McConnell: The House Kept Its Repeal Pledge, Now It's Our Turn

Guy Benson
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Posted: Jan 20, 2011 9:04 AM
The Senate Republican Leader reacts to last evening's vote in the House, underscoring the point that the lower chamber's action merely represents the first step down the long path toward full repeal:



"The Democratic leadership in the Senate doesn't want to vote on this bill, but I assure you -- we will."

How might McConnell deliver on that promise?  Heritage's Brian Darling suggests invoking "rule 22," a tactic Democrats could thwart, but not without making fools of themselves in the process (via Allahpundit):

The House will pass H.R. 2 this week. Once that bill is passed, it will be sent to the Senate for consideration. Once the Senate receives the bill, any Senator can use Rule 14 to object to the second reading of the bill. This procedural objection will “hold at the desk” the House-passed bill and allow the Senate to act on the full repeal measure.

If the bill is referred to committee, it will never get to the Senate floor. 

If any Senator can gather 16 signatures on a cloture petition, then they could file that petition with the clerk of the Senate. This would commence a proceeding that would end with a vote requiring 60 votes to shut off debate on a motion to proceed to a full repeal of Obamacare within two days of the filing of the petition. It is expected that Senate liberals would use Rule 22 to filibuster a full repeal of Obamacare. This would put many Senate Democrats in the interesting situation of voicing support for so-called “filibuster reform” while at the same time using the filibuster rule to block an up or down vote on Obamacare.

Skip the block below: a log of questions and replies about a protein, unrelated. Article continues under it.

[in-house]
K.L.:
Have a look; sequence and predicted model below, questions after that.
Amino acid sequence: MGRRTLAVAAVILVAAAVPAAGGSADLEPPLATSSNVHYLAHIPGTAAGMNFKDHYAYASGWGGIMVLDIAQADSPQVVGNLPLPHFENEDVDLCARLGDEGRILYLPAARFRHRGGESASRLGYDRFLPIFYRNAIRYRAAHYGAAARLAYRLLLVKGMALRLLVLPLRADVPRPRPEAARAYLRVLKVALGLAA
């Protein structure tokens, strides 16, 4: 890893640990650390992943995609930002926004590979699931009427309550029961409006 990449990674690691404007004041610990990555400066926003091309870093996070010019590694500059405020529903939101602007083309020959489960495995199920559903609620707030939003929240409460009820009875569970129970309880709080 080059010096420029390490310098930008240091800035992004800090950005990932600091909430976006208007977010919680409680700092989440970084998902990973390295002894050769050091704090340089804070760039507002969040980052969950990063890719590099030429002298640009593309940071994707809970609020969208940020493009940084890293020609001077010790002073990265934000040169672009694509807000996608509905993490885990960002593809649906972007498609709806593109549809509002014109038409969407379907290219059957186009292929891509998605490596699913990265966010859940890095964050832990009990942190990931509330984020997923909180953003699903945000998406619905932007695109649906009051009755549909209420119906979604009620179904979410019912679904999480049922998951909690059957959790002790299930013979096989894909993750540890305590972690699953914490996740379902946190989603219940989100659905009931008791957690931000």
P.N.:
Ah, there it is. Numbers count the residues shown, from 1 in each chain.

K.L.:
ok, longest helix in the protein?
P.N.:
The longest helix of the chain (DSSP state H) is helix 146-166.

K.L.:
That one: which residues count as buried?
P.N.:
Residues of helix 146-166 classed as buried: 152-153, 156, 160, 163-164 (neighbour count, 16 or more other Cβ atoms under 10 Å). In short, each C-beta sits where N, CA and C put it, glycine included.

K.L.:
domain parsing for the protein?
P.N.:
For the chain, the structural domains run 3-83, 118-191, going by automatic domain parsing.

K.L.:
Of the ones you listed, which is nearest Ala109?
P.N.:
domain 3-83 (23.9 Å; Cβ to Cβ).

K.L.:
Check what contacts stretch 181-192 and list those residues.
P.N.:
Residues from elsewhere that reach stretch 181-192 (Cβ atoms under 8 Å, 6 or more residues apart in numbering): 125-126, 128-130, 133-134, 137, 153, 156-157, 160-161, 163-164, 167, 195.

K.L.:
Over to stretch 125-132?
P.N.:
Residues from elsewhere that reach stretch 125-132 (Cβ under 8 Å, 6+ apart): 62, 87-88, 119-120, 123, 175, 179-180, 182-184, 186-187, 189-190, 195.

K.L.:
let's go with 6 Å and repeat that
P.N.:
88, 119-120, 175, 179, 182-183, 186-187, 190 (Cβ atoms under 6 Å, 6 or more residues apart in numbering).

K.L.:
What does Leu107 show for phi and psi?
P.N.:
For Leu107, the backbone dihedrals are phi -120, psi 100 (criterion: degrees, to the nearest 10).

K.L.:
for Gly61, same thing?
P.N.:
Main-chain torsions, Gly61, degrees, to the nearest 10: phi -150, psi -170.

Senate Democrats may face the following dilemma: Entertain their short-sighted filibuster reform fetish, or shelter their massive, unaffordable government intrusion into healthcare from Republican interference? I have a sneaking suspicion which priority would win out.

Parting Thought: Even if the GOP wins back the Senate in 2012 (which is looking more promising by the day) and even manages to recapture the White House, Democrats could still just filibuster Obamacare repeal into oblivion, right? 

Maybe not.